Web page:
Researchers reveal 30 Dor B, a supernova remnant, to be a complex site of multiple explosions, advancing our knowledge of star lifecycles and supernovae.
- X-rays from Chandra have provided evidence for at least two explosions tied to the supernova remnant 30 Doradus B.
- Typically, there is only one supernova associated with a supernova remnant.
- 30 Doradus B is found in the Large Magellanic Cloud, a small neighbor galaxy to the Milky Way.
- A new image of 30 Doradus B contains X-rays, optical, and infrared data.
A colorful, festive image shows different types of light containing the remains of not one, but at least two, exploded stars. This supernova remnant is known as 30 Doradus B (30 Dor B for short) and is part of a larger region of space where stars have been continuously forming for the past 8 to 10 million years. It is a complex landscape of dark clouds of gas, young stars, high-energy shocks, and superheated gas, located 160,000 light-years away from Earth in the Large Magellanic Cloud, a small satellite galaxy of the Milky Way.
Multispectral Imaging of 30 Dor B
The new image of 30 Dor B was made by combining X-ray data from NASA’s Chandra X-ray Observatory (purple), optical data from the Blanco 4-meter telescope in Chile (orange and cyan), and infrared data from NASA’s Spitzer Space Telescope (red). Optical data from NASA’s Hubble Space Telescope was also added in black and white to highlight sharp features in the image.
Astronomical Research Findings
A team of astronomers led by Wei-An Chen from the National Taiwan University in Taipei, Taiwan, have used over two million seconds of Chandra observing time of 30 Dor B and its surroundings to analyze the region. They found a faint shell of X-rays that extends about 130 light-years across. (For context, the nearest star to the Sun is about 4 light-years away). The Chandra data also reveals that 30 Dor B contains winds of particles blowing away from a pulsar, creating what is known as a pulsar wind nebula.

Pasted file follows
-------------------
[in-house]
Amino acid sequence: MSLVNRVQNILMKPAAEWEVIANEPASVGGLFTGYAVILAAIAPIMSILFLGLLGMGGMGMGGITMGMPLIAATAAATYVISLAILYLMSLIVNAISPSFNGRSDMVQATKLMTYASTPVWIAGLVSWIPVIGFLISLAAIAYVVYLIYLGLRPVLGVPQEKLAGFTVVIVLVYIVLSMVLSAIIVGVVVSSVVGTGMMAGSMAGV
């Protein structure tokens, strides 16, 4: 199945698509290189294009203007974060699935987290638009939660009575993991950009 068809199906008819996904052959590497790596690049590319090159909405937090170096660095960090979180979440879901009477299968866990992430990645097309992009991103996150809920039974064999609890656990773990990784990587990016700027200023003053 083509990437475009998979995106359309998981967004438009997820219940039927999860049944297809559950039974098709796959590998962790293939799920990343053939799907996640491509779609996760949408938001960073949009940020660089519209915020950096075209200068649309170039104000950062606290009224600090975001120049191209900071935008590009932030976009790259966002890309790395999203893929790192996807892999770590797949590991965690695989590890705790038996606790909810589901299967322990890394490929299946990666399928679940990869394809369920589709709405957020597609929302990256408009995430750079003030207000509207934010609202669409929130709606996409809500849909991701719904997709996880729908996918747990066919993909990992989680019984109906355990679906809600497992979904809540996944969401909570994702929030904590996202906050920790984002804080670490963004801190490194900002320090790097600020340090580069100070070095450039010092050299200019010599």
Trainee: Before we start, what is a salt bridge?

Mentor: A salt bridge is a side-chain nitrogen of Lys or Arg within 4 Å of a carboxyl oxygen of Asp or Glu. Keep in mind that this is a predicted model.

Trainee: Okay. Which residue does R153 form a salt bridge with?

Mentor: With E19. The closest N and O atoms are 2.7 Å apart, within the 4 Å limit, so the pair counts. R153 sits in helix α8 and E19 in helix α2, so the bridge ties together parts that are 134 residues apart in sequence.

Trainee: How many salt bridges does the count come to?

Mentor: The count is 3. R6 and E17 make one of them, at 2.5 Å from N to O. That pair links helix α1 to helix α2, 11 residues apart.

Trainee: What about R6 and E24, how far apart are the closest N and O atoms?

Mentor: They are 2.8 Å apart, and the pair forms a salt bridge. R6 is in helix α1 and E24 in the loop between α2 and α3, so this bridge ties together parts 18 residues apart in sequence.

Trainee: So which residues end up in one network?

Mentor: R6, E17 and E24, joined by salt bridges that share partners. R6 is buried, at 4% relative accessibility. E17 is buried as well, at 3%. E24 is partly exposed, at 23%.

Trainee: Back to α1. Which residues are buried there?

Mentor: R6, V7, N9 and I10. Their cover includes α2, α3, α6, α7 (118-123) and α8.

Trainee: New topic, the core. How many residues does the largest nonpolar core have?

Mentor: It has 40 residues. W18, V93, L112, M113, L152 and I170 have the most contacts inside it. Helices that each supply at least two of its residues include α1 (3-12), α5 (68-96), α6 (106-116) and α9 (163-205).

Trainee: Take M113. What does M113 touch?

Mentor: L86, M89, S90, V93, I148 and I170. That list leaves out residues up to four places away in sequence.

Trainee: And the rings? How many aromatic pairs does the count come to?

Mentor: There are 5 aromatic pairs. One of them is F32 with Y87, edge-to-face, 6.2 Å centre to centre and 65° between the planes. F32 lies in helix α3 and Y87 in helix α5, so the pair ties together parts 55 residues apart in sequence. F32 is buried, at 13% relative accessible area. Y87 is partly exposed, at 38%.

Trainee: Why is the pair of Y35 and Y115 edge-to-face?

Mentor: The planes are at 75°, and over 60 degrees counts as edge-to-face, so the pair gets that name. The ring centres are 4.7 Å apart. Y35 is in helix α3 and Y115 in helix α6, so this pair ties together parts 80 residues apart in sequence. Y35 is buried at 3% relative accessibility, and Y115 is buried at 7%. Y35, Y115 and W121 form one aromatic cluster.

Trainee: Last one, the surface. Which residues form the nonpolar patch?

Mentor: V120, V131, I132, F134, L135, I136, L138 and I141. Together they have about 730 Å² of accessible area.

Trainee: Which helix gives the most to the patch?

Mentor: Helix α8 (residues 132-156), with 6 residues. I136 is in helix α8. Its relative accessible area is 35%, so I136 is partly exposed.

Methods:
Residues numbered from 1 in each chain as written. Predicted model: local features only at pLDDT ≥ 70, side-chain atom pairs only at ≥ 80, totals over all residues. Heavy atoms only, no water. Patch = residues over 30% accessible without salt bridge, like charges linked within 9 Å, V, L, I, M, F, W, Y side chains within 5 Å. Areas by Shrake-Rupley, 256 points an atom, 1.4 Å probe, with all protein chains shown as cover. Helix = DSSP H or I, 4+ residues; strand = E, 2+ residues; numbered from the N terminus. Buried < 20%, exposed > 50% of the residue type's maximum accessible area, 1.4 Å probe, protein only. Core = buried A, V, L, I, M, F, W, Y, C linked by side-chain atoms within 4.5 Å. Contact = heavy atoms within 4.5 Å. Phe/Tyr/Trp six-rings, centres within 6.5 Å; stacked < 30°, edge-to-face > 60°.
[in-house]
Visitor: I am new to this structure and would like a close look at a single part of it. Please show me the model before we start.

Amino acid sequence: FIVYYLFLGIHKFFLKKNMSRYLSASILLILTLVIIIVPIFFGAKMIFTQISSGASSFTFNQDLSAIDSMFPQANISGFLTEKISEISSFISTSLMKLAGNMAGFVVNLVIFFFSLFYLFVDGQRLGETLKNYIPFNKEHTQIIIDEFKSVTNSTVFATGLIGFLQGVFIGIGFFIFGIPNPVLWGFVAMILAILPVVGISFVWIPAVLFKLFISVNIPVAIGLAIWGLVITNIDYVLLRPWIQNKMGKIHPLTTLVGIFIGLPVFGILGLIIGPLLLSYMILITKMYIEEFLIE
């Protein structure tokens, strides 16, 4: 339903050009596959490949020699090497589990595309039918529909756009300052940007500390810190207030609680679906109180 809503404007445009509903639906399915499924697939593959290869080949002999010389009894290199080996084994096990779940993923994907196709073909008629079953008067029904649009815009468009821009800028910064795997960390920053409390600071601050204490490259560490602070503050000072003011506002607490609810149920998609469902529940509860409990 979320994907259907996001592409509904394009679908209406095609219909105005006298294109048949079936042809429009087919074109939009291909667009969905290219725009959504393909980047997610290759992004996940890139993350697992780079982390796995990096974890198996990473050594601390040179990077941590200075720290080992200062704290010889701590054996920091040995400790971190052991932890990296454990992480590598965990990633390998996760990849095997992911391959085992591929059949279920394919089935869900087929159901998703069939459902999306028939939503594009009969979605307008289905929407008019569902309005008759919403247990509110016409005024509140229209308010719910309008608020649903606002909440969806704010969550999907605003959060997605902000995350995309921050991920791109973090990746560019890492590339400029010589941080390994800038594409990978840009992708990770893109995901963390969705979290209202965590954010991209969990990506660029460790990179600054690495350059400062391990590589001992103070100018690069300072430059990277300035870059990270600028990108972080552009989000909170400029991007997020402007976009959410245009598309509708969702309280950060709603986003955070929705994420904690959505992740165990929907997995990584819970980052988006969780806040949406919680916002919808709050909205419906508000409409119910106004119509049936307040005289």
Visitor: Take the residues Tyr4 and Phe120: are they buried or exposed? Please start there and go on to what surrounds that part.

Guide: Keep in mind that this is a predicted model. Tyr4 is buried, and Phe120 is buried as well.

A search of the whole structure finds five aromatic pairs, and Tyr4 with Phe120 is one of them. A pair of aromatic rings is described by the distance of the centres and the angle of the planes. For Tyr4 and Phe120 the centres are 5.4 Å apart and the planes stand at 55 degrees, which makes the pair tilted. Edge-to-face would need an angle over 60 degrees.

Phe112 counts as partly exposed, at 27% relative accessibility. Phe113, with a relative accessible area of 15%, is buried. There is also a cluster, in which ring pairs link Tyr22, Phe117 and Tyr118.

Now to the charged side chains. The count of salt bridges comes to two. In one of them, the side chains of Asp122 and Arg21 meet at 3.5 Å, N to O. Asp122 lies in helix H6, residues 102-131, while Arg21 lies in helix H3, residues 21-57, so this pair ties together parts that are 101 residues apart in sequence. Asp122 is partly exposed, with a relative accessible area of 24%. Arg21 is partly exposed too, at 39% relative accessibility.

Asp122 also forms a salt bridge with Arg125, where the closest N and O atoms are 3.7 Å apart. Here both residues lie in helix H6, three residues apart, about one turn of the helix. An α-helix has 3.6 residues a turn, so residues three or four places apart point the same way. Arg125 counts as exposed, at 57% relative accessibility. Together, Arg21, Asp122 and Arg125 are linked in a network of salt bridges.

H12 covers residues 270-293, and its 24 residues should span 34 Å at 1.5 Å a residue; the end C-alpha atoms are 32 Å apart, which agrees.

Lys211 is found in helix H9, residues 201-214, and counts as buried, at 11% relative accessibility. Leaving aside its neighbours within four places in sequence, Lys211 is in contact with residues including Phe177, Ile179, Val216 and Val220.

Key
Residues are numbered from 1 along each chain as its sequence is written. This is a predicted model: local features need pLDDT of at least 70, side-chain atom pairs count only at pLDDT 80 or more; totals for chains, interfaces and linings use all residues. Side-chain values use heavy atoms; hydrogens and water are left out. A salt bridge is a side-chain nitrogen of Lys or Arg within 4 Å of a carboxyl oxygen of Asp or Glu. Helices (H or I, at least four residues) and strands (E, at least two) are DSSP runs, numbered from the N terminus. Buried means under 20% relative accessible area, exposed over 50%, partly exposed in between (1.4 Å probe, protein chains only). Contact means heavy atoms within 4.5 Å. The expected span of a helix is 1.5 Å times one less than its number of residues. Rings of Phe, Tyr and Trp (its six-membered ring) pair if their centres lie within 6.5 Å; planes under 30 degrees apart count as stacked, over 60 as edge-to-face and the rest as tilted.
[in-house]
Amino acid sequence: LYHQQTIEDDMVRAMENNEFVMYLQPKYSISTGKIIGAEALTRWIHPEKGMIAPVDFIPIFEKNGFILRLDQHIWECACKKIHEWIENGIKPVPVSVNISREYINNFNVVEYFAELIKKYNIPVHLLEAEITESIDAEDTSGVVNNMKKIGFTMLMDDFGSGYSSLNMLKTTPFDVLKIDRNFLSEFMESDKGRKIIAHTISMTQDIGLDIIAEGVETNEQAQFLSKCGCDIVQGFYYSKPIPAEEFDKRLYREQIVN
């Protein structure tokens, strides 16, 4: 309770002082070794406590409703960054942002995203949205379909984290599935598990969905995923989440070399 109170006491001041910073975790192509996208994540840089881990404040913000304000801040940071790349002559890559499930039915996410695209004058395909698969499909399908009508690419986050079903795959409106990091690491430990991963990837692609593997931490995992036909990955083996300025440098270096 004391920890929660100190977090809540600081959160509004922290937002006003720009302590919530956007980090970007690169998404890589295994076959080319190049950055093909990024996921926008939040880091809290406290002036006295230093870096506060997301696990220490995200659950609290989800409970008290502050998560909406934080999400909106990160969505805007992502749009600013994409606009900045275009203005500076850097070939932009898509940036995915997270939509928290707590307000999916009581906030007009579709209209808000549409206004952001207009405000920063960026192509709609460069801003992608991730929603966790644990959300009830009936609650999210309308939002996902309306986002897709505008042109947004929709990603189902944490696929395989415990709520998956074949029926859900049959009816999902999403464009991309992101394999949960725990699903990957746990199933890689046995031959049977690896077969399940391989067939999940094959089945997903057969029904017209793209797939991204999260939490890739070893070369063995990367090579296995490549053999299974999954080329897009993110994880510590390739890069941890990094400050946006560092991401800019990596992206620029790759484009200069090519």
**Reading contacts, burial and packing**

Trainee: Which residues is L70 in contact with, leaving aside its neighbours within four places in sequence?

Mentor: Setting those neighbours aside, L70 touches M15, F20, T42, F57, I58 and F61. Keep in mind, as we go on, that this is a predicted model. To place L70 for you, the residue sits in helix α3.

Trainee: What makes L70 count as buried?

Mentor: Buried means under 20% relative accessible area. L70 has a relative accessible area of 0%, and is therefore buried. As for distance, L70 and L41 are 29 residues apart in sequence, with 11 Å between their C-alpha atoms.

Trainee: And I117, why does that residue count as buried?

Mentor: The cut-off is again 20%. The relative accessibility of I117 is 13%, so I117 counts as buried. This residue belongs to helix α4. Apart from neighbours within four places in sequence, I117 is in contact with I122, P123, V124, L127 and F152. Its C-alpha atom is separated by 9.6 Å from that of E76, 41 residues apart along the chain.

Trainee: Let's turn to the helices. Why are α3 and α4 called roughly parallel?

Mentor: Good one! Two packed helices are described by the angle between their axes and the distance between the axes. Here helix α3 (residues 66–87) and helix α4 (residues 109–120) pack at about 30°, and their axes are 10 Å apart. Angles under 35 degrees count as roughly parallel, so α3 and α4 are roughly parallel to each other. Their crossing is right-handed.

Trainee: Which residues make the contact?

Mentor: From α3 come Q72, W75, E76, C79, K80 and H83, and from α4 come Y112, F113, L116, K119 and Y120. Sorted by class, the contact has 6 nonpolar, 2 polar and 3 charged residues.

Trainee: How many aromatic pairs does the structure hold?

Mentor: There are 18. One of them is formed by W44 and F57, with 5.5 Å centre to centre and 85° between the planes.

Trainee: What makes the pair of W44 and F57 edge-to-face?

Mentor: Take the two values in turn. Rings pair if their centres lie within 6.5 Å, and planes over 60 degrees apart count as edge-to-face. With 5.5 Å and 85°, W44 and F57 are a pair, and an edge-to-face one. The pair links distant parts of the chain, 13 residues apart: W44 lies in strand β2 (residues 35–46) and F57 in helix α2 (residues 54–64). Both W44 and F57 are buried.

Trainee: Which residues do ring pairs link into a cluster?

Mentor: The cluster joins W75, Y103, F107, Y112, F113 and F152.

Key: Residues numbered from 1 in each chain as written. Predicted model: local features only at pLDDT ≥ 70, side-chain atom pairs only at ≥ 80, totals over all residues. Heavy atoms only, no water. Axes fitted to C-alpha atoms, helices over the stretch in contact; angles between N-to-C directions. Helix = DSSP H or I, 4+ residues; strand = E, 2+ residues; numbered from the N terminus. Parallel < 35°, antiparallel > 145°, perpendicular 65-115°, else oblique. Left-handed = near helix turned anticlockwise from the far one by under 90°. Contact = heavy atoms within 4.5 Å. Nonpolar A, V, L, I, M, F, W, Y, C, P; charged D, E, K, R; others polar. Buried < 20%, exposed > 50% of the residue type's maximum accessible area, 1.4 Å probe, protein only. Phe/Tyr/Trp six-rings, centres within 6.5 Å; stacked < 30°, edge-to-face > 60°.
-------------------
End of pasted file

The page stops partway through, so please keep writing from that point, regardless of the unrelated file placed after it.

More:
Supernova Explosions in 30 Dor B
When taken together with data from Hubble and other telescopes, the researchers determined that no single supernova explosion could explain what is being seen. Both the pulsar and the bright X-rays seen in the center of 30 Dor B likely resulted from a supernova explosion after the collapse of a massive star about 5,000 years ago. The larger, faint shell of X-rays, however, is too big to have resulted from the same supernova. Instead, the team thinks that at least two supernova explosions took place in 30 Dor B, with the X-ray shell produced by another supernova more than 5,000 years ago. It is also quite possible that even more happened in the past.
Contributions to Astronomy
This result can help astronomers learn more about the lives of massive stars, and the effects of their supernova explosions.
The paper led by Wei-An Chen describing these results was recently published in the Astronomical Journal.
Reference: “New Insights on 30 Dor B Revealed by High-quality Multiwavelength Observations” by Wei-An Chen, Chuan-Jui Li, You-Hua Chu, Shutaro Ueda, Kuo-Song Wang, Sheng-Yuan Liu and Bo-An Chen, 20 October 2023, The Astronomical Journal.
The co-authors of the paper are Chuan-Jui Li, You-Hua Chu, Shutaro Ueda, Kuo-Song Wang, Sheng-Yuan Liu, all from the Institute of Astronomy and Astrophysics, Academia Sinica, in Taipei, Taiwan, and Bo-An Chen from National Taiwan University.
NASA’s Marshall Space Flight Center manages the Chandra program. The Smithsonian Astrophysical Observatory’s Chandra X-ray Center controls science operations from Cambridge, Massachusetts, and flight operations from Burlington, Massachusetts.